These three straightforward questions are comprehensive and wide ranging in effect. They give the Stanford Sloan MiM adcom both factual information about you such as your current work responsibilities, your goals, and details of work experiences, and also insight into your thought process, self-evaluation skills, and ability to synthesize and draw conclusions. The questions reflect the adcom’s interest in admitting people with the requisite experience who are movers-and-shakers in their current context and who will be path-breaking leaders in the future. While no work or page length is specified, the instructions say to “use separate sheets of paper to answer the following questions.”
When I reflect on our many successful Stanford clients, initiative in the face of need is the common thread among them. They are always the ones who revealed, especially in Essay A, that they do not turn away or see a problem or need for action. They grab the initiative when they recognize an opportunity to contribute. They are comfortable expressing emotion and their values, and their actions reflect both, but particularly the latter. Think purpose-driven, principle-driven lives.
Essay 1: Tell us about your current duties and responsibilities, including references to the total number of people you supervise and/or the amount of assets you manage. Describe one or two of your major accomplishments and explain why they are meaningful to you.
In describing duties and responsibilities, focus on those that have a higher level component and/or large scale. Be selective; don’t detail every single thing you are responsible for. Also, do highlight the breadth of your work – include your people management (not just number of reports but their professional levels and scope), strategic role, operational role, key decision-making responsibilities, P&L responsibility, global involvement. In selecting accomplishments, I suggest using two, ideally representing different types of skills/capabilities. At least one should be fairly recent. In describing why they are meaningful to you, avoid generalities like “from this experience I learned how to lead large global teams” – to make this statement meaningful you’d add some words about exactly HOW you DO lead large global teams.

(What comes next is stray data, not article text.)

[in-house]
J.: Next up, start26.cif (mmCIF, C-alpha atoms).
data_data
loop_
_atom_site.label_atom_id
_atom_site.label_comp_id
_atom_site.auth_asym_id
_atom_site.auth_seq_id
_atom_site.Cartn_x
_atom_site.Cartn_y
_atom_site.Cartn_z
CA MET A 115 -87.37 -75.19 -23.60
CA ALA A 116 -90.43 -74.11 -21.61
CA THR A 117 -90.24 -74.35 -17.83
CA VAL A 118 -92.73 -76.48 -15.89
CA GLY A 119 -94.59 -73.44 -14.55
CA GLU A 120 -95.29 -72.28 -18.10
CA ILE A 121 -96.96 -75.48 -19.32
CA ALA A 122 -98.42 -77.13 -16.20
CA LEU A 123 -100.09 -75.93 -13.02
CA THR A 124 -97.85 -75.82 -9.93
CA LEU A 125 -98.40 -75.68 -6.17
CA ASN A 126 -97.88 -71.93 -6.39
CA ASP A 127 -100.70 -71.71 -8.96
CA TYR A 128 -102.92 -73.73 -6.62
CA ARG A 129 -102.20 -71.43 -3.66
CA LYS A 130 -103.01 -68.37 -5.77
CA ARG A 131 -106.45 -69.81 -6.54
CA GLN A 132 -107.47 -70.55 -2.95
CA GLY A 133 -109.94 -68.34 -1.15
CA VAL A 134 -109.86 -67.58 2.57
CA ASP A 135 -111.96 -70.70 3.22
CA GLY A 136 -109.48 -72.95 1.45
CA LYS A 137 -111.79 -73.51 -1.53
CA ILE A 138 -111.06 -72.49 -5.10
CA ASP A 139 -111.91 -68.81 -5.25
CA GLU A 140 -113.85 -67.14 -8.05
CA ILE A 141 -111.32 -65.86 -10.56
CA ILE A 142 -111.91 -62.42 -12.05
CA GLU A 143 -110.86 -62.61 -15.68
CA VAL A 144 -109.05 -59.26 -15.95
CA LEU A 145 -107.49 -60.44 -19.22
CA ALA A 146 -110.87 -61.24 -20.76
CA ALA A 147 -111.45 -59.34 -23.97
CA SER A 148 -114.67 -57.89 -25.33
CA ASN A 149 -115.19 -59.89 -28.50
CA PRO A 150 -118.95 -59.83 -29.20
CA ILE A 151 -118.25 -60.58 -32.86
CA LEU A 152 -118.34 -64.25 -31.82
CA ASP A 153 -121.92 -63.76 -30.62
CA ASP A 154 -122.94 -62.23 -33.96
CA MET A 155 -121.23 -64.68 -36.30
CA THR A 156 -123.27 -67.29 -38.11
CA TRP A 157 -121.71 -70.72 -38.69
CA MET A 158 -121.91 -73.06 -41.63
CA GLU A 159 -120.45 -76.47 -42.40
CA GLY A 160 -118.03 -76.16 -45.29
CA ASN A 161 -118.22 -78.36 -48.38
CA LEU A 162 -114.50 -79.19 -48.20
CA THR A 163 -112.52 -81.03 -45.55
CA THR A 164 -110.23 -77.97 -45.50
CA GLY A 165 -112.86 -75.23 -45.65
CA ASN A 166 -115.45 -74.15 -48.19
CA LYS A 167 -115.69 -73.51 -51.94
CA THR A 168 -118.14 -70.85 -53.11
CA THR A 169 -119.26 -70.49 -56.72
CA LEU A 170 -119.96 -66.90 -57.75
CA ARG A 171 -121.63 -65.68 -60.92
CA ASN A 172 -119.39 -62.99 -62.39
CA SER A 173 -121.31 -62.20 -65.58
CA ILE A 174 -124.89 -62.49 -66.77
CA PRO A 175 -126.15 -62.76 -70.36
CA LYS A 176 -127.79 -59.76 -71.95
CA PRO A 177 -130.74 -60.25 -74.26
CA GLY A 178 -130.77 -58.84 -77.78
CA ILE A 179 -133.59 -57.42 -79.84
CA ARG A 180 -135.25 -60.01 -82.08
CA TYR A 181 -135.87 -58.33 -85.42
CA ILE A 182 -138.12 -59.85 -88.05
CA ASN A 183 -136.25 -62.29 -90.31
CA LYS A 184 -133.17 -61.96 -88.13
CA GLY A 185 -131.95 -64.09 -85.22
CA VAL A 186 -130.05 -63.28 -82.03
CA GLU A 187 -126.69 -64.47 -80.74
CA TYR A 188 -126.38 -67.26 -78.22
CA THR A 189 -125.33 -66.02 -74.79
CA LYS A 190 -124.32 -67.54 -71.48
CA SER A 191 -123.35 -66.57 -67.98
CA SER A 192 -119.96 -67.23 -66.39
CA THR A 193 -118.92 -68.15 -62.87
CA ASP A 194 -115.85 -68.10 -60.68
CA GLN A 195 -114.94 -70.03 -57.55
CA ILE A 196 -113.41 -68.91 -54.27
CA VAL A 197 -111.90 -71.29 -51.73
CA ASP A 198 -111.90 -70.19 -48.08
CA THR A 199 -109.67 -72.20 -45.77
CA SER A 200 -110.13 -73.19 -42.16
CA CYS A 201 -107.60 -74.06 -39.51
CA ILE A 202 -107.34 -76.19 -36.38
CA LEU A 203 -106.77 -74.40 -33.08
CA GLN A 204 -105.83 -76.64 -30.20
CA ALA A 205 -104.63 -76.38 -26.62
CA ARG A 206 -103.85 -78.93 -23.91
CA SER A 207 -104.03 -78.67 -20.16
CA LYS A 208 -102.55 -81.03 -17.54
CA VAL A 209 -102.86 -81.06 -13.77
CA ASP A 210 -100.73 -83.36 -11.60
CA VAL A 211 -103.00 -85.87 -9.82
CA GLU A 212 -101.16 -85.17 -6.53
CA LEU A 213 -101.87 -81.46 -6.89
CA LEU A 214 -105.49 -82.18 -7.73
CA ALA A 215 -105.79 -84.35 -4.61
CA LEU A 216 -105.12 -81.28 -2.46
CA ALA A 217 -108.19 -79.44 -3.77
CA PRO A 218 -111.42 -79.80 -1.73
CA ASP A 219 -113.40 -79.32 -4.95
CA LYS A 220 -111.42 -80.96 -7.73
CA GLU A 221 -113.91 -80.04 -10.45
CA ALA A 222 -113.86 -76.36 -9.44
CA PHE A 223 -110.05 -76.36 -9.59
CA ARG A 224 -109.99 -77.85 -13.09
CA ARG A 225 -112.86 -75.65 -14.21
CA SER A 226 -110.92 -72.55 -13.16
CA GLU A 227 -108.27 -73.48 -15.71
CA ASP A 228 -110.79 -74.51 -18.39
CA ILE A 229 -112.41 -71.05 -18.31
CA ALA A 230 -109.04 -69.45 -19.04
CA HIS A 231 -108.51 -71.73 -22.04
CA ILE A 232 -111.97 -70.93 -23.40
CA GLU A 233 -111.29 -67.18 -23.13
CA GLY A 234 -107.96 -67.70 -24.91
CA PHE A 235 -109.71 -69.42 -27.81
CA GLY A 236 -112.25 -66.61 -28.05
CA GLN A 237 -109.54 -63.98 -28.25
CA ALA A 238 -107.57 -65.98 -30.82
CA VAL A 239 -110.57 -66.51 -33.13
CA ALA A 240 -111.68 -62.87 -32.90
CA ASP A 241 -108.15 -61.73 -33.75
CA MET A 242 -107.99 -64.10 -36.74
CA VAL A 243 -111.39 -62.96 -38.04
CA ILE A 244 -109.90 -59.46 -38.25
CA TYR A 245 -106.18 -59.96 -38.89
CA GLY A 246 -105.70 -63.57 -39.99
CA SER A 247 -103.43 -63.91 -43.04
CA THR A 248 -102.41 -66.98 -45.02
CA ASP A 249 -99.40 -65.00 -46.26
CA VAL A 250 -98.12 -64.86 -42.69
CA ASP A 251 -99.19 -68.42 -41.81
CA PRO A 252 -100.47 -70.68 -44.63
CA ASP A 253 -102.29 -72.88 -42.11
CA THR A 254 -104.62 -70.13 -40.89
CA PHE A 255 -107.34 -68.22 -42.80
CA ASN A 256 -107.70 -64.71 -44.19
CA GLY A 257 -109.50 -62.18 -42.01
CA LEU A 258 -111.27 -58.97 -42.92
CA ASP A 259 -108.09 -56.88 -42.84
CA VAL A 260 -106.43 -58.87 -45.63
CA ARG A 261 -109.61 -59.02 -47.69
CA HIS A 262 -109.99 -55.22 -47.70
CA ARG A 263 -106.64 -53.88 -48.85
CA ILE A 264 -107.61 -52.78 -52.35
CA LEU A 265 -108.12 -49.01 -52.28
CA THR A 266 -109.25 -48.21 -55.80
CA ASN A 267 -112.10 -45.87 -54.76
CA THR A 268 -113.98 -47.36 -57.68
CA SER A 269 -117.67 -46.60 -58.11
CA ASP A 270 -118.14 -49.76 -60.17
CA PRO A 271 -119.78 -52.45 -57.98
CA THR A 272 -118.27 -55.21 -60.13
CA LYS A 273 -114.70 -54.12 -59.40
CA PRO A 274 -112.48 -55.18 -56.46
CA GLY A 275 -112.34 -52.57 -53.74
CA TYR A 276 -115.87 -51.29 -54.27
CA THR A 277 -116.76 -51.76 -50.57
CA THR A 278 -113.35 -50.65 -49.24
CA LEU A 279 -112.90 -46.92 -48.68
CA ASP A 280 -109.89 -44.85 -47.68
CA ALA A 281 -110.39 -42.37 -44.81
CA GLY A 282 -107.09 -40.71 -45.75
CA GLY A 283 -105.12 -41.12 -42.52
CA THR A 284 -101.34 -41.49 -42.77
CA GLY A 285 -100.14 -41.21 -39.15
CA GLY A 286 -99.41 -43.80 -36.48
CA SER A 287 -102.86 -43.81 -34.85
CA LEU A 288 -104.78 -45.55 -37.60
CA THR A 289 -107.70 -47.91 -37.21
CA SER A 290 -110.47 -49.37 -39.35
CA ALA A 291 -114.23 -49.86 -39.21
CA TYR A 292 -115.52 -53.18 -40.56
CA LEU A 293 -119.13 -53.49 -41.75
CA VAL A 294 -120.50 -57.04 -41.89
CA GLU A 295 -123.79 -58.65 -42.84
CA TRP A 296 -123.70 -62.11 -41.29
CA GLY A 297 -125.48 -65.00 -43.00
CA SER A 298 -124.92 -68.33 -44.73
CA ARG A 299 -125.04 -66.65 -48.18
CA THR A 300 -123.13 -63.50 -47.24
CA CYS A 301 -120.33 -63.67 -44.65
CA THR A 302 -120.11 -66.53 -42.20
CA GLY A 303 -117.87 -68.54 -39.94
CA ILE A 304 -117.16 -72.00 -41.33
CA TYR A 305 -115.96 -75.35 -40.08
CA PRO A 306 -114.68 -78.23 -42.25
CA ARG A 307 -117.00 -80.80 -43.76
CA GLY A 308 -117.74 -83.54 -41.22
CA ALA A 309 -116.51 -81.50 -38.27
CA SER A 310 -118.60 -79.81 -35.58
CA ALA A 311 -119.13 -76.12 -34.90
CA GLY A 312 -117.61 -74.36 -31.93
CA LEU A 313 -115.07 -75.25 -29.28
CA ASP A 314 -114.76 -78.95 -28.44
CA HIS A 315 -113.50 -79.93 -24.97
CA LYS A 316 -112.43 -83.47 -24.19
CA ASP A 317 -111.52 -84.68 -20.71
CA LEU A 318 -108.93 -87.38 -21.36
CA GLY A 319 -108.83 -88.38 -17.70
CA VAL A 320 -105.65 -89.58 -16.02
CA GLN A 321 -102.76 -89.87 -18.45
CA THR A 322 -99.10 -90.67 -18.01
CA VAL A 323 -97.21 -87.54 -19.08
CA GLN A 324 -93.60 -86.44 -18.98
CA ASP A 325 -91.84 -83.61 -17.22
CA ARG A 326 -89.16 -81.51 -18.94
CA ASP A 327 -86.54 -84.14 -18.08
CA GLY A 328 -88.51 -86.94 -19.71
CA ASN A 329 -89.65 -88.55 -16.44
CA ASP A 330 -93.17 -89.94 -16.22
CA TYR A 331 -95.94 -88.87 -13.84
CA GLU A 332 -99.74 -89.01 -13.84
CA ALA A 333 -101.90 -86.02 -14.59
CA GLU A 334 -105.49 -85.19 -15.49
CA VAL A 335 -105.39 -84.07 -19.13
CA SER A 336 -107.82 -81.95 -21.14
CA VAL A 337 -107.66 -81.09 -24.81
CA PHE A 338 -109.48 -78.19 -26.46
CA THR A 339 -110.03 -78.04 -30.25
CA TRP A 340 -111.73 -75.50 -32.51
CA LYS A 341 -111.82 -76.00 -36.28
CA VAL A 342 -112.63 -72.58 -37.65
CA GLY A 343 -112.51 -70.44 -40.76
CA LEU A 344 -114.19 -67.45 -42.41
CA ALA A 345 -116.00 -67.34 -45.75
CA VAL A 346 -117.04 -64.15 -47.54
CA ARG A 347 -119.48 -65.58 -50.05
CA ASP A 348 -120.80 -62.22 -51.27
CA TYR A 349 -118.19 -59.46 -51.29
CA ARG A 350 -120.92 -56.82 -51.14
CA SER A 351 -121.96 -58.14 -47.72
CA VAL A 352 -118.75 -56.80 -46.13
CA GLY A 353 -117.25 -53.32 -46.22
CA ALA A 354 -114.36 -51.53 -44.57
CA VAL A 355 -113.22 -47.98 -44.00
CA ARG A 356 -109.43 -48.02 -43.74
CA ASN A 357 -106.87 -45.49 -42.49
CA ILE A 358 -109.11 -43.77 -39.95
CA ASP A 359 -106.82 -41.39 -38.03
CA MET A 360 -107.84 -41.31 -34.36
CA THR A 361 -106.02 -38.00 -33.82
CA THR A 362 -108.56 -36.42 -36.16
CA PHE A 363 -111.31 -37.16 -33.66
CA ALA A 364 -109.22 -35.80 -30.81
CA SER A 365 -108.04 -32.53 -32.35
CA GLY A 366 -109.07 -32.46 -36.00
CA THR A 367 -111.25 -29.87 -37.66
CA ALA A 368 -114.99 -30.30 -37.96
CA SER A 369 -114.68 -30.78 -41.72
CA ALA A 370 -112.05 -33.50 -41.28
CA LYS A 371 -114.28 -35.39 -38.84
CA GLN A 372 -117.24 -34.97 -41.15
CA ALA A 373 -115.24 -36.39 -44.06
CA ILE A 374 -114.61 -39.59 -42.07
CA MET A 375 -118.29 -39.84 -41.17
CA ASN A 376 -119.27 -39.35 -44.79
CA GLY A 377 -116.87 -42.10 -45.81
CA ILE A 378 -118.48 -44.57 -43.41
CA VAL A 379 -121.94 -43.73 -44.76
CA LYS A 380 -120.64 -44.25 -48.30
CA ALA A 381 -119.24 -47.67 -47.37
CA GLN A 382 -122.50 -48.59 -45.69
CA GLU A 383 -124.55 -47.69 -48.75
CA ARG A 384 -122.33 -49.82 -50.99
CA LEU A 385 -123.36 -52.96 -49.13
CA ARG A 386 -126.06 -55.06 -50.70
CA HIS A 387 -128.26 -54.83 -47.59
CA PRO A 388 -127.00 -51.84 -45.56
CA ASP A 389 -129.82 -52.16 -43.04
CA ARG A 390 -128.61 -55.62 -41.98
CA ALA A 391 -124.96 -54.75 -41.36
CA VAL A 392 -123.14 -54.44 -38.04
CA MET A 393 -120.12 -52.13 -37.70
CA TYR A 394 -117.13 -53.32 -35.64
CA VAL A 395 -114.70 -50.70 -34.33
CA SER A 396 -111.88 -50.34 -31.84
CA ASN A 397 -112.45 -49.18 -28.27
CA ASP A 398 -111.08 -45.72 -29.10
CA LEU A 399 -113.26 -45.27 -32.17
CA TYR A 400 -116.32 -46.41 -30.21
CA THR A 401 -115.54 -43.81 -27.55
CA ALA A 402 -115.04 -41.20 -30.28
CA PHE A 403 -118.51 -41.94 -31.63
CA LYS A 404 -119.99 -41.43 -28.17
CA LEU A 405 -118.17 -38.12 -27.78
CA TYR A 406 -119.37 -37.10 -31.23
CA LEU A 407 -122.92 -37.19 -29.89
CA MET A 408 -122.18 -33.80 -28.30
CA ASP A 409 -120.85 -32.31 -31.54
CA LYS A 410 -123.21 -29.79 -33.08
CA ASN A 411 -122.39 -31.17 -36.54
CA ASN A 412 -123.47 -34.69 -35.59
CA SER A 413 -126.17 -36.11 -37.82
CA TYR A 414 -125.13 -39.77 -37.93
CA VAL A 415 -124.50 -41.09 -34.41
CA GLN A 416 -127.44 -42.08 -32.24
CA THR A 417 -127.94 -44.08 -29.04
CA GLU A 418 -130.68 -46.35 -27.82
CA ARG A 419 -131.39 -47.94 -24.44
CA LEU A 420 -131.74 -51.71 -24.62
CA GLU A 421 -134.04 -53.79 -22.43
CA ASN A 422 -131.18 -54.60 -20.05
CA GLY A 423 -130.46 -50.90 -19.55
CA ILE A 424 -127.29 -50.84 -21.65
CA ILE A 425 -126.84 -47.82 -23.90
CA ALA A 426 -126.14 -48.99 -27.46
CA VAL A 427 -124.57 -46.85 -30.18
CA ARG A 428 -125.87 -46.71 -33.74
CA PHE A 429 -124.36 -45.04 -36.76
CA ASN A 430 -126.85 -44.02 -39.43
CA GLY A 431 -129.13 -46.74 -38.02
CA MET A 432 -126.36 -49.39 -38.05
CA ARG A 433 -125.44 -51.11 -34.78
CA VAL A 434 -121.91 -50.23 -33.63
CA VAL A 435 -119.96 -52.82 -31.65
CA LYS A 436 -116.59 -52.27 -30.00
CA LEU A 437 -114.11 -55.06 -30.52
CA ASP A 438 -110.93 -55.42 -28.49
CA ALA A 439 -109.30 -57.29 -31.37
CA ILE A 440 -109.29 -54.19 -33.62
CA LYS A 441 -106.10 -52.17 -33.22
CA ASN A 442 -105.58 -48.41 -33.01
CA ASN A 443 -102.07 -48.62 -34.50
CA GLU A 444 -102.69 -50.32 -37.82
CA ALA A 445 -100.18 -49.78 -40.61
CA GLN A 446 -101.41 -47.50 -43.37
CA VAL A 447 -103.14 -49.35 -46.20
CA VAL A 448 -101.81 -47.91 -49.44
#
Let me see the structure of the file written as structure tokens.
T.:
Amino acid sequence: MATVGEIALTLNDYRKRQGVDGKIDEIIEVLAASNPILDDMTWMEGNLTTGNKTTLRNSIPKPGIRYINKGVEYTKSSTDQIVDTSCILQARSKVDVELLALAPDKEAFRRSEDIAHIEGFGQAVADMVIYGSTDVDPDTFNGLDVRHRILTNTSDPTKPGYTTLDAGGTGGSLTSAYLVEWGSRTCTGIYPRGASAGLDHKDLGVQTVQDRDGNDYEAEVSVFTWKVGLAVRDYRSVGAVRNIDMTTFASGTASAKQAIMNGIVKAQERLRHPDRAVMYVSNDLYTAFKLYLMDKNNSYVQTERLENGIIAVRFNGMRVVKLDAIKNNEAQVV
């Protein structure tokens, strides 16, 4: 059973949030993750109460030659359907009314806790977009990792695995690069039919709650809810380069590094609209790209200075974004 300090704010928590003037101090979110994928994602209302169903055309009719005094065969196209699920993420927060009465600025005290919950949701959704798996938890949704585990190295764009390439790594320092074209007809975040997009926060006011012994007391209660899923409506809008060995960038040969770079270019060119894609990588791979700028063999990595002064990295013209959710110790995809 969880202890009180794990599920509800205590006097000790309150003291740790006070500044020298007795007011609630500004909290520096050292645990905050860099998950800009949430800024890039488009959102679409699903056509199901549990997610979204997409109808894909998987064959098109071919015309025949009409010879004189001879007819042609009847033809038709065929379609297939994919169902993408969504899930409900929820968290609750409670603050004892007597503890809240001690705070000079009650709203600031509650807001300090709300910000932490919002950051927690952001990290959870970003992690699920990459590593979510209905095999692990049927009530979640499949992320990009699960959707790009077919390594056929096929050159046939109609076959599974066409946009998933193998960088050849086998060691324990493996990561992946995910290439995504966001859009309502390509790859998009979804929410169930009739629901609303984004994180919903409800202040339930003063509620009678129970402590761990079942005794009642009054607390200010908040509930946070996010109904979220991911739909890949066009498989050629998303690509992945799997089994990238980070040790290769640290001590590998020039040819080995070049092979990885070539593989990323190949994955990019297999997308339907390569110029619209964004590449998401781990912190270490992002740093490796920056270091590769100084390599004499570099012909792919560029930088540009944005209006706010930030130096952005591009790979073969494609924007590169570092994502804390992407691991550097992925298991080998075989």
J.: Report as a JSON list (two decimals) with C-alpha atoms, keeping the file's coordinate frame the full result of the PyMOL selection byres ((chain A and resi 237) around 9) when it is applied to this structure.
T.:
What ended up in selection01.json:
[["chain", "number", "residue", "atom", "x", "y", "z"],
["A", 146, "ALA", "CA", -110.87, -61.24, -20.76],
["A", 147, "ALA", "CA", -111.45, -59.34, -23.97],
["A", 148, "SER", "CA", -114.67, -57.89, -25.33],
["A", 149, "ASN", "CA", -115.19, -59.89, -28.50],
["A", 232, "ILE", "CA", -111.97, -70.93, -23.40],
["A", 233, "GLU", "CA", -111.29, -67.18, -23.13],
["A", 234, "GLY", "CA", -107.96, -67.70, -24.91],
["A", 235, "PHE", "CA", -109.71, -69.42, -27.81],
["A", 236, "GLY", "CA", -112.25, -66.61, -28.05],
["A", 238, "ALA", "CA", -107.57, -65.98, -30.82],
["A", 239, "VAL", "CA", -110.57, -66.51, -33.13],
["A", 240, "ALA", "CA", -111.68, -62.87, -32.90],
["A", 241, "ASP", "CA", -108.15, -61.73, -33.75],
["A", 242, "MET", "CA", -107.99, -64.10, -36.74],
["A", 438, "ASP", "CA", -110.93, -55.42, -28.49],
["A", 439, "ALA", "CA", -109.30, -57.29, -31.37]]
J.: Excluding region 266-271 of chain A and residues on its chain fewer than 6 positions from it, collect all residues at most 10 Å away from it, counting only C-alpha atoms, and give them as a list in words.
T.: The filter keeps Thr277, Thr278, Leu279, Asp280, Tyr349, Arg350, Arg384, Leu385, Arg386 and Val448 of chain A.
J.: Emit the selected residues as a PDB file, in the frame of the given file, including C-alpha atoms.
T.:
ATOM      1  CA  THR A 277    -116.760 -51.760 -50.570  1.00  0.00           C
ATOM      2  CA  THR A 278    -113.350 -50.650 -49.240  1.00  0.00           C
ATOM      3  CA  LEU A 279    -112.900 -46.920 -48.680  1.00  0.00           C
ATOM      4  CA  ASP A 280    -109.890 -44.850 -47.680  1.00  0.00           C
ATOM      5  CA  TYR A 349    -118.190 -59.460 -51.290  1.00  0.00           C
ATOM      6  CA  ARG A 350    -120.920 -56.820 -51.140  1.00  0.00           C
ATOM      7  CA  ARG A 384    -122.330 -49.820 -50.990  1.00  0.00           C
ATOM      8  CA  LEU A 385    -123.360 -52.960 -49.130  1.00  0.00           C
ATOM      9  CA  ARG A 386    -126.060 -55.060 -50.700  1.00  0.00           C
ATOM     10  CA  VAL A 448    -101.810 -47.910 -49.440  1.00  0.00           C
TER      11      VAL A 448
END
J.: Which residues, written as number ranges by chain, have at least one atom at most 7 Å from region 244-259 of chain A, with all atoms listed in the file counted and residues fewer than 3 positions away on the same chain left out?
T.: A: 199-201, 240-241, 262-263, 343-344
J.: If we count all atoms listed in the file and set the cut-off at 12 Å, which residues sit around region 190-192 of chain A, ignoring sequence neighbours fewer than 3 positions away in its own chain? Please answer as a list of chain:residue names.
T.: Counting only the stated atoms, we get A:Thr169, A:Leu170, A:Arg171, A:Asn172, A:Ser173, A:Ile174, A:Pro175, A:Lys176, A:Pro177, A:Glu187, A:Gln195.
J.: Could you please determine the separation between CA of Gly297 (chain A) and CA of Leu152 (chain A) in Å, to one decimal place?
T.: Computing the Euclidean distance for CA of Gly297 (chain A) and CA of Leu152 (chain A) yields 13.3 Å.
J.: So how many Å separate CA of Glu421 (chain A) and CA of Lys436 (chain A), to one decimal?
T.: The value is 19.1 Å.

Essay 2: What educational and personal objectives do you hope to satisfy through the Sloan Program? What type and level of work do you expect to be engaged in five years from now?
This essay will show that you are focused and that your objectives align with the program’s offerings. You might start sketching your answer by addressing the last part first (regardless of how you structure your final essay) – clarifying your professional plans for five years hence will reveal development needs both educational and personal. Describing that target role and industry, you will naturally see the challenges of getting from where you are now to that future place and doing it well. These developmental needs create your educational and personal objectives. Finally, discuss in concrete terms how the Sloan program will address them, providing details and examples.
Essay 3: Describe a situation that challenged your leadership skills and explain what you learned about your strengths and weaknesses.
The bulk of this essay should be a straightforward narrative – tell the story of a time when your leadership skills were challenged. In selecting the content, keep in mind the accomplishments you discussed in essay 1 in order to avoid redundancy. This essay provides another opportunity to show you working in an interesting context, dealing with high level and/or high stakes issues, interacting with significant decision makers. Conclude the essay with a frank discussion – don’t focus only on strengths and skim over weaknesses. Show how learning about the stated weakness has helped you by providing a very brief (even one sentence) example of how you’ve applied that learning. Alternatively, you can link the weakness to the objectives in the previous essay.
Deadline: December 15, 2011
Decisions by: mid-January 2012